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Bishop's Bequest Single Family Assoc. Inc. v. Heyward

United States District Court, D. Maryland

February 12, 2014

CHARLES C. HEYWARD[1], Defendant.


PETER J. MESSITTE, District Judge.

Charles C. Heyward, who was sued by Bishop's Bequest Single Family Association, Inc. ("Bishop's Bequest") in the District Court for Prince George's County, removed the case to this Court. Prior to the removal, Heyward had filed in the state court a Motion to Vacate/Set Aside Judgment, Fraud on the Court and Motion for Sanction (Paper No. 3), which apparently had not been acted upon by the state court before the case arrived in this Court. In this Court, Bishop's Bequest has filed a Motion to Strike Defendant's Response to Standing Order Concerning Removal (Paper No. 7). For the reasons that follow, both Motions are deemed MOOT and the Court sua sponte REMANDS the case in its entirety to the District Court for Prince George's County.


Although Heyward has failed to provide the Court with a full copy of the Complaint, as required by 28 U.S.C. §1446(a), the Court has pieced together what appears to be the gist of the Complaint from various documents filed in the case.

According to the single page of the Complaint filed with the Court, Heyward is or was a member of a homeowners association governed by a recorded Declaration of Covenants and Bylaws. He allegedly failed or refused to pay duly levied assessments pursuant to the Declaration, whereupon Bishop's Bequest filed suit in the District Court for Prince George's County, asserting that Heyward was indebted to Bishop's Bequest, pursuant to the Declaration and the Maryland Contract Lien Act. The state court docket for the case indicates that judgment was entered in favor of Bishop's Bequest.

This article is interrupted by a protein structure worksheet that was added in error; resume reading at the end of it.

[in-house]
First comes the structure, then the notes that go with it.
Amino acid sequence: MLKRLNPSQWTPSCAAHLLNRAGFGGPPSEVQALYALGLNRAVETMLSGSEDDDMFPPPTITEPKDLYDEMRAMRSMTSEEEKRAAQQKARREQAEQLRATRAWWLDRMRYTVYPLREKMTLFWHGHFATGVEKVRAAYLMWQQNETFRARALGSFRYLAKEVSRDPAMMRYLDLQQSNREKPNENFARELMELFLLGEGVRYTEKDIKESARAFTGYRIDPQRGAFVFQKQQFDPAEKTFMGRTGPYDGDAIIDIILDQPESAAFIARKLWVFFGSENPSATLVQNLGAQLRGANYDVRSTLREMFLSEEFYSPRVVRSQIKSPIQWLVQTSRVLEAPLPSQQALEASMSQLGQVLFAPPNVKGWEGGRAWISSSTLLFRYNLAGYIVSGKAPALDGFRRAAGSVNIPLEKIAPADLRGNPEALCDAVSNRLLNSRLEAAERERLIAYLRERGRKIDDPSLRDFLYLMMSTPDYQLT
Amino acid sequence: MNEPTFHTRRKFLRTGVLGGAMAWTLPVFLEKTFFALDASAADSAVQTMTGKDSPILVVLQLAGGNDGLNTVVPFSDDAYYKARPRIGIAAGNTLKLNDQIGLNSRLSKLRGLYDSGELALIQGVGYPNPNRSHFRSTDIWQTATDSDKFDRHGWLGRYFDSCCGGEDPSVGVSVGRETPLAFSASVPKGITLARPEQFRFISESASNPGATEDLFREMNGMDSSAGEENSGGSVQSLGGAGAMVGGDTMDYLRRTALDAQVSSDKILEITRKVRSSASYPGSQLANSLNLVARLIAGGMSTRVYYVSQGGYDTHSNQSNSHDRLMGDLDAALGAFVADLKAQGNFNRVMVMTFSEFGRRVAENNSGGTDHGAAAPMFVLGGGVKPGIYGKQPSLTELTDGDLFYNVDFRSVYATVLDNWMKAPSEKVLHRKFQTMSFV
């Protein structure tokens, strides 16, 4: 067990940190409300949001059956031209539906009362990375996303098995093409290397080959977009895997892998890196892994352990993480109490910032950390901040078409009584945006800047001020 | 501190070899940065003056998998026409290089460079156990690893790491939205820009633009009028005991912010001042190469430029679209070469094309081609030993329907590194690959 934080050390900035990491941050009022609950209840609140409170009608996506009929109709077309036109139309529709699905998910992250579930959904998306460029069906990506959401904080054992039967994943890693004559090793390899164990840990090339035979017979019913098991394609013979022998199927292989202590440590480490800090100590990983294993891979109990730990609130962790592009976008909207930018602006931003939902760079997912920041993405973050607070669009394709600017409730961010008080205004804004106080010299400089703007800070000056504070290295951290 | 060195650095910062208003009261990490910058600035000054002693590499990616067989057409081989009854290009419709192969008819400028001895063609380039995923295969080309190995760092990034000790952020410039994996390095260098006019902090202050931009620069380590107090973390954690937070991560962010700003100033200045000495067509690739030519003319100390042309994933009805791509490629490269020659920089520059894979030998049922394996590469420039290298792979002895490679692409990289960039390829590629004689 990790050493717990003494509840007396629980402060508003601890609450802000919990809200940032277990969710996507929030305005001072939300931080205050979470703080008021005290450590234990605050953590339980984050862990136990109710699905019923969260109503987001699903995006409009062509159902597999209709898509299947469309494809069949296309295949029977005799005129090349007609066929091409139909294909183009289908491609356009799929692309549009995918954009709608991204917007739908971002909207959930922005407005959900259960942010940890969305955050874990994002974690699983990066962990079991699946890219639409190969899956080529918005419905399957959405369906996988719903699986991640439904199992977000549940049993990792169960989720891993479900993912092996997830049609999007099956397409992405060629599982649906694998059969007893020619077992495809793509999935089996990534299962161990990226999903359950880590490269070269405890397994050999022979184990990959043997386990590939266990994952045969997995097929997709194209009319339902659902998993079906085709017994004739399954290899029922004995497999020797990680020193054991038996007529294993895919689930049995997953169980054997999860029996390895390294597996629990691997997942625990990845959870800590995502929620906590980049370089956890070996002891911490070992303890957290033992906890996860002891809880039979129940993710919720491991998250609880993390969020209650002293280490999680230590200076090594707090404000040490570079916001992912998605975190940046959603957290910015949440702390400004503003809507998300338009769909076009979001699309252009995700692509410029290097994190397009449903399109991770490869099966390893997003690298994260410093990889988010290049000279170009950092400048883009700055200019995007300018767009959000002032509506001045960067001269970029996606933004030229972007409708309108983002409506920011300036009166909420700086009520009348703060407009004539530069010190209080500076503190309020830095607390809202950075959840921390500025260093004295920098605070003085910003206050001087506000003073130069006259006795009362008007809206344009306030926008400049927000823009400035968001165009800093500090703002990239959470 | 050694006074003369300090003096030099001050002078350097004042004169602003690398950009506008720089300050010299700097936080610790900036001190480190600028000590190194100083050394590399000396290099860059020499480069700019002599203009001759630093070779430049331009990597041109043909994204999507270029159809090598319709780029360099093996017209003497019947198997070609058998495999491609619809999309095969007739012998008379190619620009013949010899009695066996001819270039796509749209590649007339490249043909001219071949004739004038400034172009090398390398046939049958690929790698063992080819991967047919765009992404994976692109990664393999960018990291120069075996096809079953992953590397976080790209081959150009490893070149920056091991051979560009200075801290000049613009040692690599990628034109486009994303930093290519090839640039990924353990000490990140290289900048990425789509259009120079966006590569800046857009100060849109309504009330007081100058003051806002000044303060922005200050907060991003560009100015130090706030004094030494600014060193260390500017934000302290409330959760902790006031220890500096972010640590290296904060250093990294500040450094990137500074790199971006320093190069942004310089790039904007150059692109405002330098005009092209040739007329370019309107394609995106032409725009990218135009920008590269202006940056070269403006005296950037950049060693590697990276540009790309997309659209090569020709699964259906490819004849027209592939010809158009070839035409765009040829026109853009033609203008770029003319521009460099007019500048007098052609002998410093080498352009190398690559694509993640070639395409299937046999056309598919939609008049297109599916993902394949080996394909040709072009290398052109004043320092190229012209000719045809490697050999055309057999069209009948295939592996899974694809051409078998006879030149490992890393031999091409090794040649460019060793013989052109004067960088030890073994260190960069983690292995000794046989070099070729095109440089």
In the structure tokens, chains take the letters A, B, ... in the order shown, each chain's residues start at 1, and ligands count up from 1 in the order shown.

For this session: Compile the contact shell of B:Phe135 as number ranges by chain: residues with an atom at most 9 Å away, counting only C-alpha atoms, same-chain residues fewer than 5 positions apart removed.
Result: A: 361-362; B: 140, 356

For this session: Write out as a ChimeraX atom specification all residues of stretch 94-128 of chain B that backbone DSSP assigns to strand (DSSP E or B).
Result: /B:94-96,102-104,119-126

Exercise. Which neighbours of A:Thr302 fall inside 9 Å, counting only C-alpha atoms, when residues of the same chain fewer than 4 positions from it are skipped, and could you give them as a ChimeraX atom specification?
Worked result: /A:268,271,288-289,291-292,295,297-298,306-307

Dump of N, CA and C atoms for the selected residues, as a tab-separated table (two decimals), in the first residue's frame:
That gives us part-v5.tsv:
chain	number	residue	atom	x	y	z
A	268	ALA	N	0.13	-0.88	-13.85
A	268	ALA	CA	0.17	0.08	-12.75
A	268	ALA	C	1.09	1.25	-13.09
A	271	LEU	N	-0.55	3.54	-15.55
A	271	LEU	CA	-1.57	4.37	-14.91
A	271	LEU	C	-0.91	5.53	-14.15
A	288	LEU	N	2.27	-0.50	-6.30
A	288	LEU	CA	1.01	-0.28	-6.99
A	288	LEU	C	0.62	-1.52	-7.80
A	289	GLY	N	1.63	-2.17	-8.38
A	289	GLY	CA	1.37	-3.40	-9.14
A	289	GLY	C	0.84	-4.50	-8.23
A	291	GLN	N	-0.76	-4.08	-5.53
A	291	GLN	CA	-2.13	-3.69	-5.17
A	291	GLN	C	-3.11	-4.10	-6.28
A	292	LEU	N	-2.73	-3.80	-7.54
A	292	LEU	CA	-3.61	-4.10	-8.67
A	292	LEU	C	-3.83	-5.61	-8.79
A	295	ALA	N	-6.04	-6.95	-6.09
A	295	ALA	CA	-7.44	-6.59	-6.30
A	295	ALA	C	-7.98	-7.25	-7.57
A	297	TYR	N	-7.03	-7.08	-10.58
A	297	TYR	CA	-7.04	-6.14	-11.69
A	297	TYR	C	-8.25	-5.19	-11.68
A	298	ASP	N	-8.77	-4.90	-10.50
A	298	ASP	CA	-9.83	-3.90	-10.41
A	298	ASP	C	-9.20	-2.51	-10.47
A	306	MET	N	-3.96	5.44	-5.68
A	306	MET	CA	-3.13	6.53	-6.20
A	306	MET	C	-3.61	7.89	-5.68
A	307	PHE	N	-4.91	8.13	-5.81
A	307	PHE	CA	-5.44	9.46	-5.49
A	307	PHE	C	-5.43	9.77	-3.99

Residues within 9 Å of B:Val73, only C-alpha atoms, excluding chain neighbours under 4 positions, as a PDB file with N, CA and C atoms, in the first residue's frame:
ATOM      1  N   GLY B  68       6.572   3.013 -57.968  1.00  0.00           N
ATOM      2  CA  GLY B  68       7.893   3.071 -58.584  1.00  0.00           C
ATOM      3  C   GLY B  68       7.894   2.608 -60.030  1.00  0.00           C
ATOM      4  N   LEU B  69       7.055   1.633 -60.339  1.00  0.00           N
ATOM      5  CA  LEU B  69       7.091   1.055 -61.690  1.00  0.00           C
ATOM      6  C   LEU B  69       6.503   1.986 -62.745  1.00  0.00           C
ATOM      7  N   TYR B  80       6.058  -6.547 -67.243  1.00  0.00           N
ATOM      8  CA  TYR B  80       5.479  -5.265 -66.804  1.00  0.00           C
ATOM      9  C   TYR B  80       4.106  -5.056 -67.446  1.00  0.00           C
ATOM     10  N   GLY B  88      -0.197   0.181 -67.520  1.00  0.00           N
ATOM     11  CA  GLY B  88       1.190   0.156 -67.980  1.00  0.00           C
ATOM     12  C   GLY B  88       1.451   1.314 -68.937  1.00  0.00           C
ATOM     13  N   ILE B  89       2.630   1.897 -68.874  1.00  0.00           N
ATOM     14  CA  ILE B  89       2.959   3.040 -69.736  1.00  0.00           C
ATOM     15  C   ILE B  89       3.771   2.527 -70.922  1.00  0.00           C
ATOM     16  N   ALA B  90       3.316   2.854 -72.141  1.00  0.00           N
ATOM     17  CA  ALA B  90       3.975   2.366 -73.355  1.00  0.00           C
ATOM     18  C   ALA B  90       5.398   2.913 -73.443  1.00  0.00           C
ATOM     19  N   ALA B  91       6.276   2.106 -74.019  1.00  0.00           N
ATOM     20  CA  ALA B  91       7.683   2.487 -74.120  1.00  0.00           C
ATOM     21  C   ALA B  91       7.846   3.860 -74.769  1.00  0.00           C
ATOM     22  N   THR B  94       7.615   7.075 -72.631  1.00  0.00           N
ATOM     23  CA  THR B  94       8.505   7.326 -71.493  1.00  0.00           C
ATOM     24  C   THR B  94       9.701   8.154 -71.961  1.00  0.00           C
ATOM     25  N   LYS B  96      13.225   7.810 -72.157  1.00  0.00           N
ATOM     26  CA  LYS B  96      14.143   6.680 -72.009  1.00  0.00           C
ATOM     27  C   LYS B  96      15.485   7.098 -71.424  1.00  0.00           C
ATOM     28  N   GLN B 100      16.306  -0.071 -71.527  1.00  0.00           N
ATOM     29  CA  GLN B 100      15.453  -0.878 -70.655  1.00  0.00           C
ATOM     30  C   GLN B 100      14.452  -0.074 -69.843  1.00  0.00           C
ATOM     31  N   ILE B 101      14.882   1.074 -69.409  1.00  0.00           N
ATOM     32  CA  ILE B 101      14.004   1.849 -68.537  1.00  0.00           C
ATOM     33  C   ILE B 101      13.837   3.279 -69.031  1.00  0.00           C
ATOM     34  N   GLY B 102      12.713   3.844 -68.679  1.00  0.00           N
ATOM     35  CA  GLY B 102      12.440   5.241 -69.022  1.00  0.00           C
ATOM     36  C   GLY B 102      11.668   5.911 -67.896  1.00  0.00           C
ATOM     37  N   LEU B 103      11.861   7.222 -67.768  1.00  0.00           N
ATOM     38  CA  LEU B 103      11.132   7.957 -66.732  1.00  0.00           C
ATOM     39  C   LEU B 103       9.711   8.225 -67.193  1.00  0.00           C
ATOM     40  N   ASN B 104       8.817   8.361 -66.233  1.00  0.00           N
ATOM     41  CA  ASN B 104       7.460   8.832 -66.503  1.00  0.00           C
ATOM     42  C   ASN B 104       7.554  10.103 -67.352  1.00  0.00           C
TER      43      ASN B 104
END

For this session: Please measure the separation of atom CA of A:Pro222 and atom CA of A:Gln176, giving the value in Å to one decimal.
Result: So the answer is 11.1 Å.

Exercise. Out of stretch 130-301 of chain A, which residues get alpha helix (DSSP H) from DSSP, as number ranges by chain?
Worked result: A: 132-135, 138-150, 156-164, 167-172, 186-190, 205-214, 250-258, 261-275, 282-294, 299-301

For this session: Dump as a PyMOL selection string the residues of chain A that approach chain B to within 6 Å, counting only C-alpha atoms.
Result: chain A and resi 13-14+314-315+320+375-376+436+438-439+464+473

In his Notice of Removal Heyward asserts that this Court has diversity jurisdiction in that he is a citizen of Maryland and that Bishop's Bequest is headquartered in Prince George's County, Maryland. He further submits that his own counterclaim of $100, 000 satisfies the amount of controversy requirement. His counterclaim, however, has not been filed with the Court. In the civil cover sheet accompanying his filing here, Heyward also asserts that there is federal question jurisdiction pursuant to a "violation of False Claims Act, Fraud, violation of the Fair Debt Collection Act".

In his Motion to Vacate/Set Aside Judgment, Heyward asks the Court to set aside the state court judgment basically on the grounds that it was obtained by fraud. Bishop's Bequest's Motion to Strike argues that the Court should strike Heyward's filing because he has not stated a colorable reason for federal jurisdiction over this case.


The right to remove a case from state to federal court derives from 28 U.S.C. § 1441. In light of federalism concerns, the removal statute is strictly construed. Mulcahey v. Columbia Organic Chem. Co., Inc., 29 F.3d 148, 151 (4th Cir.1994) (citing Shamrock Oil & Gas Corp. v. Sheets, 313 U.S. 100, 108-09 (1941)). "If federal jurisdiction is doubtful, a remand [to state court] is necessary." Id. "The party seeking removal bears the burden of demonstrating that removal jurisdiction is proper." In re Blackwater Sec. Consulting, LLC, 460 F.3d 576, 583 (4th Cir. 2006).

"If at any time before final judgment it appears that the district court lacks subject matter jurisdiction, the case shall be remanded." 21 U.S.C. § 1447(c). "[B]ecause the lack of subject matter jurisdiction may be noticed by the district court sua sponte or by any party, the court may enter a remand order sua sponte. " Ellenburg v. Spartan Motors Chassis, Inc., 519 F.3d 192, 196 (4th Cir. 2008). "[A]n irregularity in removal of a case to federal court is to be considered jurisdictional' only if the case could not initially have been filed in federal court." Korea Exch. Bank, New York Branch v. Trackwise Sales Corp., 66 F.3d 46, 50 (3d Cir. 1995).

The only basis for jurisdiction by this Court over a breach of contract claim would be diversity jurisdiction. See 28 U.S.C. §1332. Both Bishop's Bequest and Heyward are residents of Maryland; accordingly, there is no diversity jurisdiction here.

Although Heyward tries to assert, at least in his civil cover sheet, that federal question jurisdiction is available, see 28 U.S.C. §§1331, 1441, the Court finds no count that alleges any federal law claims. The Complaint against Heyward alleged only breach of contract and state law claims. He may not remove based on a counterclaim asserting a federal cause of action. See Holmes Group, Inc. v. Vornado Air Circulation Sys., Inc., 535 U.S. 826, 831 (2002).

Most importantly, Heyward attempts to remove this case in order to appeal the judgment of the District Court for Prince George's County. An appeal from a state court judgment is not grounds for removal to federal court. See 28 U.S.C. § 1441; Maryland Rule 7-103 (listing the types of cases ...

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